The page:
The project is designed to successfully deploy a working pilot system that will provide tangible benefits to patients, physicians and online service providers within twelve months. This pilot will demonstrate:

  • A collaborative identity ecosystem that interoperates across disparate identity providers and relying parties
  • Ability to create real-time Trust Graphs linking identities and relationships of doctors, staff and patients
  • Use of multiple, discrete identity providers (both public and private) to “syndicate” identities
  • Codifying and enforcement of appropriate governance policies (e.g. identity, access, use, privacy, etc.)
  • Cloud-based services that rely on the network for identity and policy, thus retaining minimal transaction data
  • Expanded system capabilities to share protected data, documents and application services across boundaries
Using four new types of Internet infrastructure – the Access Server, Trust Broker, Identity Broker and Zero-Knowledge Services – the pilots will coordinate secure interactions among existing systems to allow organizations and people, that don’t necessarily know each other or have trust relationships, to collaborate and share sensitive information and resources without having to disclose personal identifying information (PII) to other parties.

The pilots will utilize a Trust Network which will create a decentralized, pervasive identity system, with supporting directory, discovery, matching and verification of identities for people, organizations, and information. It is an open network with a technology and vendor neutral architecture, allowing disparate standards and systems, including federated systems, to be linked together and leveraged without requiring users to understand the underlying infrastructure. The Trust Network will enable new type of “identity syndicate”, which is a collective of virtually combined, independent identity and attribute databases that can be used for matching, verifying and searching identities. It works even if the participating systems do not agree on how to identify people, and even if they are unwilling to disclose the identity attributes they have to each other.

I am very happy to work with Resilient Networks, the San Diego Beacon Community, and our other partners on this project. I will post updates as we make progress, and look forward to learning a lot from what works, and what doesn't.

Wednesday, September 12, 2012

Consumer Health IT Summit - Government as Catalyst

Kicking off National Health IT Week the U.S. Department of Health and Human Services (HHS) in conjunction with the Office of the National Coordinator for Health Information Technology (ONC) hosted the second Consumer Health IT Summit on Monday, September 10, 2012. The Summit was geared towards individuals who are trying to advance consumer access to health information and brought together government leaders with leaders in the private and non-profit sectors. It was a great event and certainly brought into focus the critical importance of patients being involved in their care and having access and control of their own health data.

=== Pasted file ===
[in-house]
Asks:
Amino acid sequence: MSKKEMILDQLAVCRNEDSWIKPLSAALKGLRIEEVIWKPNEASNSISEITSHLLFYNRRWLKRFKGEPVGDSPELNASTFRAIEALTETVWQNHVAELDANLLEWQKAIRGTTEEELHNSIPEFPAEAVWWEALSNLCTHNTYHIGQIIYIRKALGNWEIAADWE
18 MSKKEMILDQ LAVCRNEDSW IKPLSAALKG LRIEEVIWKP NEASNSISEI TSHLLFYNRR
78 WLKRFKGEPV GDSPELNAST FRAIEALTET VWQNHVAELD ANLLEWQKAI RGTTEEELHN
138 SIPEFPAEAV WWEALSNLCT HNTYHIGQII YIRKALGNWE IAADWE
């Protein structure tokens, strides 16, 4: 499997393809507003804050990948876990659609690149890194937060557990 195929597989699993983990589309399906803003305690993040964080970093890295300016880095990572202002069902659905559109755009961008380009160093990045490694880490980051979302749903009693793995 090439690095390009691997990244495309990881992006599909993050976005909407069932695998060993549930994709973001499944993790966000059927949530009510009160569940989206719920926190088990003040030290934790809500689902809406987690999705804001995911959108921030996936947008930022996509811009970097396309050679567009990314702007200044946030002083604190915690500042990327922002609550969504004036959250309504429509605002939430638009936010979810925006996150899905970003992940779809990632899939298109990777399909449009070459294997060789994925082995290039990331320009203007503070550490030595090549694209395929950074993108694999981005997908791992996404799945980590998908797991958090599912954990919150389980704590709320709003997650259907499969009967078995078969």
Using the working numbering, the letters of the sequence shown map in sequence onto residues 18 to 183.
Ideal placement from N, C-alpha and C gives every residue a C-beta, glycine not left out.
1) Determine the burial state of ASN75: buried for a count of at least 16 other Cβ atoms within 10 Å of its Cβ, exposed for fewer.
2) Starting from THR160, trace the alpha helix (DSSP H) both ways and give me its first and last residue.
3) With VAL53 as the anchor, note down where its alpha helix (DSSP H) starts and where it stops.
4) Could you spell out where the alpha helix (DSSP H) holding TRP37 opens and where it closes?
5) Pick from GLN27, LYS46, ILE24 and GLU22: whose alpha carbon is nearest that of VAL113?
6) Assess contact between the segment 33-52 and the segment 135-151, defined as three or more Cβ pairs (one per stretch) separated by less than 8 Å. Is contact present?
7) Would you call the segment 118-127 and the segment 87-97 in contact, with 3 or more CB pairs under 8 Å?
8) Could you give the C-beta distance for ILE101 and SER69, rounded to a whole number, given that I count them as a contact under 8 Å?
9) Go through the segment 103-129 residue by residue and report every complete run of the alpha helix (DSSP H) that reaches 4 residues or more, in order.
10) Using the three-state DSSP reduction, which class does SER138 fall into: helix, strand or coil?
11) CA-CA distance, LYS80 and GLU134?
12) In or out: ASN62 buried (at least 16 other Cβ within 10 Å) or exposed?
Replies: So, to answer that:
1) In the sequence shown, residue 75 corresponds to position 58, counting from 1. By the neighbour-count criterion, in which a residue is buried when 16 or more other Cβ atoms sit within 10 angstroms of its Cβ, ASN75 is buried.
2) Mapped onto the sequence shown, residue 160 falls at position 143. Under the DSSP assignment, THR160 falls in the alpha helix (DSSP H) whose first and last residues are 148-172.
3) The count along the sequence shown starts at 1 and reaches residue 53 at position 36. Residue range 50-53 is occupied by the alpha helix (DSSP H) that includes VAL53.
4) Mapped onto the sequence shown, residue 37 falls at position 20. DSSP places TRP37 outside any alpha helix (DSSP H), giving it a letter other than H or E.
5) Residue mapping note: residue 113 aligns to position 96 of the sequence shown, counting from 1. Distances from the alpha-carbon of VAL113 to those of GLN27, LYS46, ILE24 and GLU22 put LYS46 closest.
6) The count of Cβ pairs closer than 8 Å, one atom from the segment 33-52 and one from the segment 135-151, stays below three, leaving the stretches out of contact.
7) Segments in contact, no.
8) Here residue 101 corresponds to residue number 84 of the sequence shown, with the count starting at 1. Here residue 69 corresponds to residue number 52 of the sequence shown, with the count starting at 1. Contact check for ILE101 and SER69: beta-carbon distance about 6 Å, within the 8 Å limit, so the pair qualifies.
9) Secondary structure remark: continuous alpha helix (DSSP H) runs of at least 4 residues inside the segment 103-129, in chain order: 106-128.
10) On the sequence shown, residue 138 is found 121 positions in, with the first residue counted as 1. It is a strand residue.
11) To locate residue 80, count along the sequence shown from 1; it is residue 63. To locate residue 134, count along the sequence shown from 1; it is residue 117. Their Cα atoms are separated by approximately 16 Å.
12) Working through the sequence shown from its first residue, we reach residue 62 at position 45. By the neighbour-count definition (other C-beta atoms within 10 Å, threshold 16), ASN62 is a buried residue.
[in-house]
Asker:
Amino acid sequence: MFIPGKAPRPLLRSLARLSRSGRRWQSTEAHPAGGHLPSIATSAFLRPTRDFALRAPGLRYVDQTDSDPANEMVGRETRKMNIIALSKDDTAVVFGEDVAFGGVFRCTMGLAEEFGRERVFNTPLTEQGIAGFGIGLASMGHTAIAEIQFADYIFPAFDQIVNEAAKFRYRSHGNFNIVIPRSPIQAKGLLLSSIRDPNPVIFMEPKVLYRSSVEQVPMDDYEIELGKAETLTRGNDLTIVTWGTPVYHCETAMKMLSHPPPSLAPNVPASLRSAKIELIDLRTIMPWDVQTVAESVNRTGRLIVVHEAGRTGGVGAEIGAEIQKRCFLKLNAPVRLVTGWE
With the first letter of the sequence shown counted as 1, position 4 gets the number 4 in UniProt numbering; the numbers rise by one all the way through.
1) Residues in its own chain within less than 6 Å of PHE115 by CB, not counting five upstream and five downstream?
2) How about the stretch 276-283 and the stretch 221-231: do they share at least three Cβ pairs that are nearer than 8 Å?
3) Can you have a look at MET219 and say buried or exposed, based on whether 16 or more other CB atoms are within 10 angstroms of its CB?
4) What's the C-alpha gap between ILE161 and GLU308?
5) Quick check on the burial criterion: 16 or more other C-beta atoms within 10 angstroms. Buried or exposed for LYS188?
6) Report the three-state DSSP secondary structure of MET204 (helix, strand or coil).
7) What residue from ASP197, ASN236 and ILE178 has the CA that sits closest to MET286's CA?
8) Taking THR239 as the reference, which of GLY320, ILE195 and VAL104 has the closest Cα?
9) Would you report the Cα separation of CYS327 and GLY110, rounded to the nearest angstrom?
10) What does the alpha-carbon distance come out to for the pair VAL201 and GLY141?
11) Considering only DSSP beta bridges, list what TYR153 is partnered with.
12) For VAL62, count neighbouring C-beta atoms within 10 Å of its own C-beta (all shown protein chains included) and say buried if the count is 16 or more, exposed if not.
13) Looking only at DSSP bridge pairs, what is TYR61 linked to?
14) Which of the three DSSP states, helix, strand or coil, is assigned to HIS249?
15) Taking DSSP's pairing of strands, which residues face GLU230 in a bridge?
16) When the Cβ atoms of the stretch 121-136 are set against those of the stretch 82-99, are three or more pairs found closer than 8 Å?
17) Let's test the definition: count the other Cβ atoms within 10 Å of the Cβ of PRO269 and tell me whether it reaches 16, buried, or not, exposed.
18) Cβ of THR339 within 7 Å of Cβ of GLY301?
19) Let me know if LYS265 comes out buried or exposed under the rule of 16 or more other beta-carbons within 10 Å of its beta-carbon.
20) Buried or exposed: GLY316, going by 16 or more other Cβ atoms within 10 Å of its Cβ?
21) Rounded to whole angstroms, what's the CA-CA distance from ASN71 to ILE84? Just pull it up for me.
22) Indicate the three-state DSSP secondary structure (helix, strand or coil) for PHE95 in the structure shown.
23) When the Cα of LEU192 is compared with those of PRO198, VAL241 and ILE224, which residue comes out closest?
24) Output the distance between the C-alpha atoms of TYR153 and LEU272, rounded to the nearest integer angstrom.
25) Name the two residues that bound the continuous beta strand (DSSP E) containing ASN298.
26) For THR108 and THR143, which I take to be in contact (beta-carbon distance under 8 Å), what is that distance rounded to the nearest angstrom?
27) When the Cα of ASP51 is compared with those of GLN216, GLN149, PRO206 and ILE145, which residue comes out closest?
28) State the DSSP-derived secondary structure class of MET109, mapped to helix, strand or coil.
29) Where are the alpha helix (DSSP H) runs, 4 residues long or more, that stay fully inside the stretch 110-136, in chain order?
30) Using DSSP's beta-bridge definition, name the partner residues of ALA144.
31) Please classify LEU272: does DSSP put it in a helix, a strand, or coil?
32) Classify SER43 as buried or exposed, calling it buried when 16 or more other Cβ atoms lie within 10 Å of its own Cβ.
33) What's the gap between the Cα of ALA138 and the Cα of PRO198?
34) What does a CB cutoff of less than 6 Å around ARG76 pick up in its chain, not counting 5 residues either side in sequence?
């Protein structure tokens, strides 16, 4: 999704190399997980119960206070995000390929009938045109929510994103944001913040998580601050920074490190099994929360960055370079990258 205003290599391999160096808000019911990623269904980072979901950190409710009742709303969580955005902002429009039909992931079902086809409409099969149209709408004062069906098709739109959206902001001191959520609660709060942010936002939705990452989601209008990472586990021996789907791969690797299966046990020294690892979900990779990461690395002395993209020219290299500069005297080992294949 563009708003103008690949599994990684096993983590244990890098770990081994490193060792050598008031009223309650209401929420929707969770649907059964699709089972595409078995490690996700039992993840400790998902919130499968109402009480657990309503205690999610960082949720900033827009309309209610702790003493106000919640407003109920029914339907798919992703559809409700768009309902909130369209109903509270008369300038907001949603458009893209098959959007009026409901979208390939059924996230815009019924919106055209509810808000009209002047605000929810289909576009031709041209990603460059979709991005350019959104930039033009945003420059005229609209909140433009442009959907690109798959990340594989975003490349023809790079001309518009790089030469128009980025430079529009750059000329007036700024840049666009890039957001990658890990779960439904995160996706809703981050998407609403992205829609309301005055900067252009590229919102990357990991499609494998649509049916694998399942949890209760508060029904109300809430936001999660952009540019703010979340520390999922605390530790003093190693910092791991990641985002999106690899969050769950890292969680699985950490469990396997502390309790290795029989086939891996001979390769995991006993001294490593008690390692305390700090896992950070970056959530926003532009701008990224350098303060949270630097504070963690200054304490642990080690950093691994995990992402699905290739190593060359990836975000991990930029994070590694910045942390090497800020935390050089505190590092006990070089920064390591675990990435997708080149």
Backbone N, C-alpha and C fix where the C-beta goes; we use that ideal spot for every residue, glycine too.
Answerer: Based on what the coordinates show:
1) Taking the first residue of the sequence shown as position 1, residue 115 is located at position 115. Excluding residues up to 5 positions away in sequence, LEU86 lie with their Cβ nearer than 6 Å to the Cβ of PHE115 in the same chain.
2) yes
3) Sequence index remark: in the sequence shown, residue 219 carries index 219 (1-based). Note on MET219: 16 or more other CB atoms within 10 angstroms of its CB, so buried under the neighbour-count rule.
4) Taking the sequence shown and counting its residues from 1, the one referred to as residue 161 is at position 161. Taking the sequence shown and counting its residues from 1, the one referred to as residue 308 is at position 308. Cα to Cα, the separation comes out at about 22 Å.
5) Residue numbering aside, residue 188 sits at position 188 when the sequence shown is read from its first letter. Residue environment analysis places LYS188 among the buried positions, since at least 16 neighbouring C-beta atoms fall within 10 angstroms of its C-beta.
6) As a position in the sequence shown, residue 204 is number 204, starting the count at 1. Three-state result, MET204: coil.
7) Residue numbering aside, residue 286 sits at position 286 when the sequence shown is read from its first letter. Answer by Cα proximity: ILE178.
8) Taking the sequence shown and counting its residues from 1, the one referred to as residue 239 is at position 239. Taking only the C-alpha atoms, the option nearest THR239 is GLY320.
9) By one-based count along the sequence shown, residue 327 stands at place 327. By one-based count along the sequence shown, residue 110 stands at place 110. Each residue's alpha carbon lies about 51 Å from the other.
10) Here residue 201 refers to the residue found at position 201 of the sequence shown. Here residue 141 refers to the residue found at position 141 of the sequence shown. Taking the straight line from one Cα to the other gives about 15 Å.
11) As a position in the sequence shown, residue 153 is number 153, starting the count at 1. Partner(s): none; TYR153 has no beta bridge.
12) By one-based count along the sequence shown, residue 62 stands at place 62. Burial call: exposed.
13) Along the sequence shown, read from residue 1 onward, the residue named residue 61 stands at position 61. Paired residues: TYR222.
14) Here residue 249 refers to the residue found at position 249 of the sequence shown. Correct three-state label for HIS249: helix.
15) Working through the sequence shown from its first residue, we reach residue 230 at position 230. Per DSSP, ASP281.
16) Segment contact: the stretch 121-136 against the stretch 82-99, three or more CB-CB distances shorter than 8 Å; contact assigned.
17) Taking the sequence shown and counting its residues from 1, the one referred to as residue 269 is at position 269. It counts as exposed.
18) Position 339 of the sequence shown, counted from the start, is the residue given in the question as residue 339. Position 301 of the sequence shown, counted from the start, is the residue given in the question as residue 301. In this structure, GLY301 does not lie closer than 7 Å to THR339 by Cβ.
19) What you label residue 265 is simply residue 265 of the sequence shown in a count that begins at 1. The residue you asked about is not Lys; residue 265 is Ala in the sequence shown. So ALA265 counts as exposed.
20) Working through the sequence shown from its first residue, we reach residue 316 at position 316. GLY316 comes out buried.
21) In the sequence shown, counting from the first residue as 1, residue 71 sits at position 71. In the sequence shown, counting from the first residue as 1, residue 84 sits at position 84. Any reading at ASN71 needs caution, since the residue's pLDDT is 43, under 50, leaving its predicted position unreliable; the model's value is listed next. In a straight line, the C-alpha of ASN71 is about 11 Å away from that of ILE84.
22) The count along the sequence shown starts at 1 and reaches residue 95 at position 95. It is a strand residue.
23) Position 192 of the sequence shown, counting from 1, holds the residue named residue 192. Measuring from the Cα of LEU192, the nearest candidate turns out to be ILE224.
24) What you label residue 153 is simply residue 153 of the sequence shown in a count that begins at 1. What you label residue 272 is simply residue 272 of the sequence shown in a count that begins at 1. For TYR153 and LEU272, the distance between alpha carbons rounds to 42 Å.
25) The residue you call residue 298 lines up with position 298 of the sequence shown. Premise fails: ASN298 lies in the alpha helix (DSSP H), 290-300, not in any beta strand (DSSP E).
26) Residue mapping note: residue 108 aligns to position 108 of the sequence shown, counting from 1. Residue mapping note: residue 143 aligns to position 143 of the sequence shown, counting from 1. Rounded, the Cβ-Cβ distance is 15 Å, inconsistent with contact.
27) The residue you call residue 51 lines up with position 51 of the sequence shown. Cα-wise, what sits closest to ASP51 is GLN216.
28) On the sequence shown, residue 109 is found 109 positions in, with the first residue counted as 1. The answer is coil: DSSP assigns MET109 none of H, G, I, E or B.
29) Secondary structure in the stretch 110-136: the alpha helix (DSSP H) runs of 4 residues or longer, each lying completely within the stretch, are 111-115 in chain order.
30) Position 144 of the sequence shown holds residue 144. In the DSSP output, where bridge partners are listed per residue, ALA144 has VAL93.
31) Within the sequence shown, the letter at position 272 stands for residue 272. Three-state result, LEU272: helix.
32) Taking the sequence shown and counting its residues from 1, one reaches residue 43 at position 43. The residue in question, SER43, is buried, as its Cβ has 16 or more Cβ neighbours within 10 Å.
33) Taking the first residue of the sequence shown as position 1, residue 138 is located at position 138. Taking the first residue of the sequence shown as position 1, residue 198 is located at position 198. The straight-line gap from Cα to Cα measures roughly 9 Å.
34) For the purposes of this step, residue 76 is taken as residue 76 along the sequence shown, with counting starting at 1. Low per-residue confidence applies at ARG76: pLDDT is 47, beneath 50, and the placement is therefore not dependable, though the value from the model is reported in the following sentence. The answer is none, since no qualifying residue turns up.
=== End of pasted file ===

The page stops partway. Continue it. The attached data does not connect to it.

Dr. Farzad Mostashari, National Coordinator for Health IT, ONC, and Lygeia Ricciardi, Acting Director, Office of Consumer eHealth, Office of the National Coordinator for Health Information Technology, HHS, discussed some their strategies for engaging customers. Lygeia highlighted three primary elements of this strategy:
  • Access: getting information into the hands of patients and caregivers;
  • Action: engaging consumers to actually use the information in an effort to improve health
  • Attitudes: how access and action can shift attitudes about the traditional roles of patients and providers
Farzad gave a rousing call to action to let the developer help. He encouraged programmers and developers, entrepreneurs and innovators to join in the effort to empower patients to be more engaged partners in care. They also announced the winner of the "What's In Your Health Record" video challenge which went to Mark's Story, which talked about the importance of having access to health records when travelling.

[UPDATE] Lygeia also mentioned the establishment of Consumer/Patient Engagement Workgroups for both the HITPC and HITSC to focus on policy and standards issues related to strengthening the ability of consumers, patients, and lay caregivers to manage health and healthcare for themselves or others.  ONC is pushing forward in this area on multiple fronts, and they will be seeking input from the advisory committees. They'll be putting out an announcement in a few weeks, and inviting people who would like to be on one of the workgroups to submit their information online.